A cash-strapped U.S. effort to develop new uranium-enrichment technology is receiving $62 million in federal assistance, the New York Times reports.
The fiscal 2014 spending bill signed into law this month sets aside nuclear-weapons funds for work on new equipment at the USEC’s American Centrifuge Plant in Ohio, the newspaper reported on Monday. The domestic design of the experimental machines might someday give them a crucial role in manufacturing tritium, a hydrogen isotope critical for boosting the explosive power of U.S. nuclear arms.
This month’s omnibus appropriations legislation also gives the Energy Department an additional $56 million that might eventually go to USEC. The company — the only uranium-enrichment enterprise headquartered in the United States — in December said it planned to file for bankruptcy early this year.
The Obama administration so far has rejected USEC’s requests for a federally backed $2 billion loan in support of the centrifuge initiative. Such an arrangement would require the government to assume responsibility for the expense if the company cannot pay back the borrowed funds.
The Energy Department has said USEC must finalize acquisition deals for building the new centrifuges before such financial support could be possible, according to the Times. In addition, the firm must convince Energy Department officials that its equipment could operate for years with almost no problem.
After potentially receiving $2 billion under a lending plan with Washington, USEC would still have to pull together an equal amount from other sources, the newspaper said.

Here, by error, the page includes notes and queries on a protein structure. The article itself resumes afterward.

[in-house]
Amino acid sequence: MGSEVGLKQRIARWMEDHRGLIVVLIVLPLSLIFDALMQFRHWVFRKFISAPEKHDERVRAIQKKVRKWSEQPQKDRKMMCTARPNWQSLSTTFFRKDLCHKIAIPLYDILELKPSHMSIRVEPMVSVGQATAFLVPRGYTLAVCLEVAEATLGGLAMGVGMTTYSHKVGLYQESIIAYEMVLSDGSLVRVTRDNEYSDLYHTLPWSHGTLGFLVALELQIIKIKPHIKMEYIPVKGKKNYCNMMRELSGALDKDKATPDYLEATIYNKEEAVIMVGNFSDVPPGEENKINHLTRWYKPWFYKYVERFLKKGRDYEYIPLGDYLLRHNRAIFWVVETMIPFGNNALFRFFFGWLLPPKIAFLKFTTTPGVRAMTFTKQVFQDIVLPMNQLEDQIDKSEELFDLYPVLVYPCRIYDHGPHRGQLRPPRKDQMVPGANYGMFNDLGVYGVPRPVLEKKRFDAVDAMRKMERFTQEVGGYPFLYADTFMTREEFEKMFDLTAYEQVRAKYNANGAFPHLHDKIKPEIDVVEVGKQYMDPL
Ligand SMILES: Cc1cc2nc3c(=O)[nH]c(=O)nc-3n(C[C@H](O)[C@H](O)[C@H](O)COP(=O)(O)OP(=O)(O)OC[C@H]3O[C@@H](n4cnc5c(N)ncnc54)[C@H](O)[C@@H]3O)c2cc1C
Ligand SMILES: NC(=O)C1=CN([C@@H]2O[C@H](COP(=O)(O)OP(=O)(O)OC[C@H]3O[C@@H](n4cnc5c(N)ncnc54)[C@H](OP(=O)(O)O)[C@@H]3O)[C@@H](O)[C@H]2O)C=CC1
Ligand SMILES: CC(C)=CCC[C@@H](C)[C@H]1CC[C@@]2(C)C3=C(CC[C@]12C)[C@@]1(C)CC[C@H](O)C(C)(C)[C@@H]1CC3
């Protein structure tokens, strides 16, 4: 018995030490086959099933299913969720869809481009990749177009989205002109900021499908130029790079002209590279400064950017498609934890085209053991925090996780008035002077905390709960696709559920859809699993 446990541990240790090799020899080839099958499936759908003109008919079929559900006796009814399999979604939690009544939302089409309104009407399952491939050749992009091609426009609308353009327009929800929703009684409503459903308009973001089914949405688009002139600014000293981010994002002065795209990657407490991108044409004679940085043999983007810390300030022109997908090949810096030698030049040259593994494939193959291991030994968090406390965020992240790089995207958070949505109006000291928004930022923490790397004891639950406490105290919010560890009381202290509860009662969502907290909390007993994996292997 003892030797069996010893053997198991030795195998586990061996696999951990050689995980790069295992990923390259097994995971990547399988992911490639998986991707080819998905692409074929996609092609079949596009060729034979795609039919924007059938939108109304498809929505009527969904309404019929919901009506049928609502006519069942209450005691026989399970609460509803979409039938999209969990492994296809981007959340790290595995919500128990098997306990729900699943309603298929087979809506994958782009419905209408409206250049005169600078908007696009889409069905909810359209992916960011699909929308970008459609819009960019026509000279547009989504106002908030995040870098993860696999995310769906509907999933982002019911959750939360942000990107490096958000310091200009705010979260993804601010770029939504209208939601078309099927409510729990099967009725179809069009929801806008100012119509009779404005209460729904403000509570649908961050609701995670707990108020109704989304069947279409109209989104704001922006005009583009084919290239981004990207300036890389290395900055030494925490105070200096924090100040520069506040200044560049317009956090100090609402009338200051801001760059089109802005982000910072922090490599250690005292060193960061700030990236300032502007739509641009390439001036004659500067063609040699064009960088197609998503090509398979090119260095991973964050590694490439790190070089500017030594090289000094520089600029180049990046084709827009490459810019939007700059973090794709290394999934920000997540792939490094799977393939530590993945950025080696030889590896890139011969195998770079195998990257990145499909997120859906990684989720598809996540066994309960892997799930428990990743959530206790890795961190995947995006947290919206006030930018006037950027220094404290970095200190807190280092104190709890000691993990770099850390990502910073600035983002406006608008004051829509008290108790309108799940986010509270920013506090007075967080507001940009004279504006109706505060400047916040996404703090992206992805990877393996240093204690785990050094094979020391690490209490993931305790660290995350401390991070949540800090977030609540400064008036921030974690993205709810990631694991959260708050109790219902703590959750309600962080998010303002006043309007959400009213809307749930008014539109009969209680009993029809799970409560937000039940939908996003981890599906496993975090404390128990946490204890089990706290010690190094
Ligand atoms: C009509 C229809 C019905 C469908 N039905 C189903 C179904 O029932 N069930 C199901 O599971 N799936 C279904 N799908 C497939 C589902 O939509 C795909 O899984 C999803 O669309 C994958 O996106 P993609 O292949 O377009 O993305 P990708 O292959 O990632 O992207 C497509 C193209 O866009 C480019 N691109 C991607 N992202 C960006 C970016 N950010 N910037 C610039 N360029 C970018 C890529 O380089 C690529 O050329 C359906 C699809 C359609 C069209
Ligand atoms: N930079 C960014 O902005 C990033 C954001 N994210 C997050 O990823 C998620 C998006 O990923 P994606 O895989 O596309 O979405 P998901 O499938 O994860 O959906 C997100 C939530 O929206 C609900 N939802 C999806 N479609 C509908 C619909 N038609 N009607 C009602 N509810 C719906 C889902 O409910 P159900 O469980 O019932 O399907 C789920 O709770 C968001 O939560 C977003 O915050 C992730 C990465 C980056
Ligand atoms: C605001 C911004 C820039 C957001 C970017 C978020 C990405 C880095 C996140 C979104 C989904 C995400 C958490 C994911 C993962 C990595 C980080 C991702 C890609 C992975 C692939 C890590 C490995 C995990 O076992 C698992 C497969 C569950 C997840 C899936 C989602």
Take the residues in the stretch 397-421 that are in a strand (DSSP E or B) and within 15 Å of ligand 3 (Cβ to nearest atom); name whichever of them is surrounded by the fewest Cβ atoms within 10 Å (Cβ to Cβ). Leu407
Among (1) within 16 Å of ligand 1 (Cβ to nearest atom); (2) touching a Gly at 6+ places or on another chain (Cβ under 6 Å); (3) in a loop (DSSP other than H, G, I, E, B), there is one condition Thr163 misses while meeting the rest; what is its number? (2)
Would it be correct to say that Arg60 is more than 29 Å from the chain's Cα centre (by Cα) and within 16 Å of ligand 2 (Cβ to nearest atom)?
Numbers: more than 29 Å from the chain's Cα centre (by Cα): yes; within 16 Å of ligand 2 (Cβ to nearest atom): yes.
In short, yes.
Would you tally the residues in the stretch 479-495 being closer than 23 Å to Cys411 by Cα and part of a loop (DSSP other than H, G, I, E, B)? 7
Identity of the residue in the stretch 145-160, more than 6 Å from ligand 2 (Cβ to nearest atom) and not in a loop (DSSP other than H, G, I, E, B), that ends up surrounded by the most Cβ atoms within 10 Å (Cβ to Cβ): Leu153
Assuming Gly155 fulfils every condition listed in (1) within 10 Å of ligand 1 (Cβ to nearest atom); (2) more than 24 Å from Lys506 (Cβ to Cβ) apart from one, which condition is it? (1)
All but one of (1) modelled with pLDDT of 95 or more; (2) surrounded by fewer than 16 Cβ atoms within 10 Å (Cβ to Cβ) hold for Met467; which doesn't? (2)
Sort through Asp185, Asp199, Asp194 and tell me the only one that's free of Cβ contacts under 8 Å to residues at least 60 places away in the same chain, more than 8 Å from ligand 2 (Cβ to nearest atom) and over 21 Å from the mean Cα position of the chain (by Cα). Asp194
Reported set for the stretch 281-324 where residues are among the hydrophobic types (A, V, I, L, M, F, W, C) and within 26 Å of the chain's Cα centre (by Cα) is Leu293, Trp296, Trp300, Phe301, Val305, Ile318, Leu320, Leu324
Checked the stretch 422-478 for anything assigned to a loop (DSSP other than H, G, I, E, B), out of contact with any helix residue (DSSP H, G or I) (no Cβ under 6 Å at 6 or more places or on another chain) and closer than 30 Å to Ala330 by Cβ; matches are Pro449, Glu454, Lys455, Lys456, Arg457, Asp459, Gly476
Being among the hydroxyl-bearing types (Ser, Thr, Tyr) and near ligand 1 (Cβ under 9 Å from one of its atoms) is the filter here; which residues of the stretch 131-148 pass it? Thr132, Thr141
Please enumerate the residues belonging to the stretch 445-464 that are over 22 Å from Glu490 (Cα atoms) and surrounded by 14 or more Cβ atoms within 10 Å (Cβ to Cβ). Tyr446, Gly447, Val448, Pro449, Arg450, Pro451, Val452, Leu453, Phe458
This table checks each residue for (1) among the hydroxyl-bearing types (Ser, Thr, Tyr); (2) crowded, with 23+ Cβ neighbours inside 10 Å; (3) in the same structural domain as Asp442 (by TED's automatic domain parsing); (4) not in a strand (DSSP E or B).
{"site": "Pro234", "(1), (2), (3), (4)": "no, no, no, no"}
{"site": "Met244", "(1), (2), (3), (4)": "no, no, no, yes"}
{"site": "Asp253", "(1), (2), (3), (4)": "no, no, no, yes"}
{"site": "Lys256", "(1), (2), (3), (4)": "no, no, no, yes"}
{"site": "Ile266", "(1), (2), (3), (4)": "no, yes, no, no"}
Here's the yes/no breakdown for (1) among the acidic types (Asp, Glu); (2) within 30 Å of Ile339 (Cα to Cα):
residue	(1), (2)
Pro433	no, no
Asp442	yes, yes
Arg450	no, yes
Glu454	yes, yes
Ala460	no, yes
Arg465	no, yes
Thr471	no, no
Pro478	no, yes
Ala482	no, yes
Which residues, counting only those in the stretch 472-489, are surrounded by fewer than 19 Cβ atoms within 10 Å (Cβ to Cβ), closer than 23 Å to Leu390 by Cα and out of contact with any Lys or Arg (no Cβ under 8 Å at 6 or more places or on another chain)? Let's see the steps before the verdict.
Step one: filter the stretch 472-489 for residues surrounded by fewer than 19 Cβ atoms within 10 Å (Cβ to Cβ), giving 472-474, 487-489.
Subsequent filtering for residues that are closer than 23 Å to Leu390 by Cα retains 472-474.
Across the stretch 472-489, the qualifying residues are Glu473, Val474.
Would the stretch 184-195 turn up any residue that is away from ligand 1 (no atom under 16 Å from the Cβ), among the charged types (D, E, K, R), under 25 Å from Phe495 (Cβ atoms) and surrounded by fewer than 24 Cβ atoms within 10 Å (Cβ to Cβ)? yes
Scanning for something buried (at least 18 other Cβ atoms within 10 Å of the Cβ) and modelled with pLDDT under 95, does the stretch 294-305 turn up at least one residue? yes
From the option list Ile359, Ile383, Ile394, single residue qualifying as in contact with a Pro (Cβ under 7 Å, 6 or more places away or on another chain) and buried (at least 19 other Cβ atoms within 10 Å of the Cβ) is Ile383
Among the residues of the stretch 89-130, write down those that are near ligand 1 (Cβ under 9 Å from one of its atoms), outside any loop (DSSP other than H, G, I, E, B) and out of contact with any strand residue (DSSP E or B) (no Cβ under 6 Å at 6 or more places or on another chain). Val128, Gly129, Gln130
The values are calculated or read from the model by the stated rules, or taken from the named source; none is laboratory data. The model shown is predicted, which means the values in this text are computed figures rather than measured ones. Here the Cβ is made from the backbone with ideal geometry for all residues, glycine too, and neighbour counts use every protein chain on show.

The company has argued that its centrifuges would have an edge over technology used by Urenco, a European firm with an enrichment plant in New Mexico.
“The Urenco machine is reaching the end of its development maturity in terms of efficiencies and cost,” USEC spokesman Paul Jacobson told the Times in an e-mail. “In contrast, the American Centrifuge machine is in the early stages of its technological development, value engineering and cost efficiencies.”
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Foreign Policy takes a look at the future of mining the estimated "100,000 near-Earth objects—including asteroids and comets—in the neighborhood of our planet. Some of these NEOs, as they’re called, are small. Others are substantial and potentially packed full of water and various important minerals, such as nickel, cobalt, and iron. One day, advocates believe, those objects will be tapped by variations on the equipment used in the coal mines of Kentucky or in the diamond mines of Africa. And for immense gain: According to industry experts, the contents of a single asteroid could be worth trillions of dollars." But the technology to get us there is only the first step. Experts say "a multinational body might emerge" to manage rights to NEOs, as well as a body of law, including an international court.
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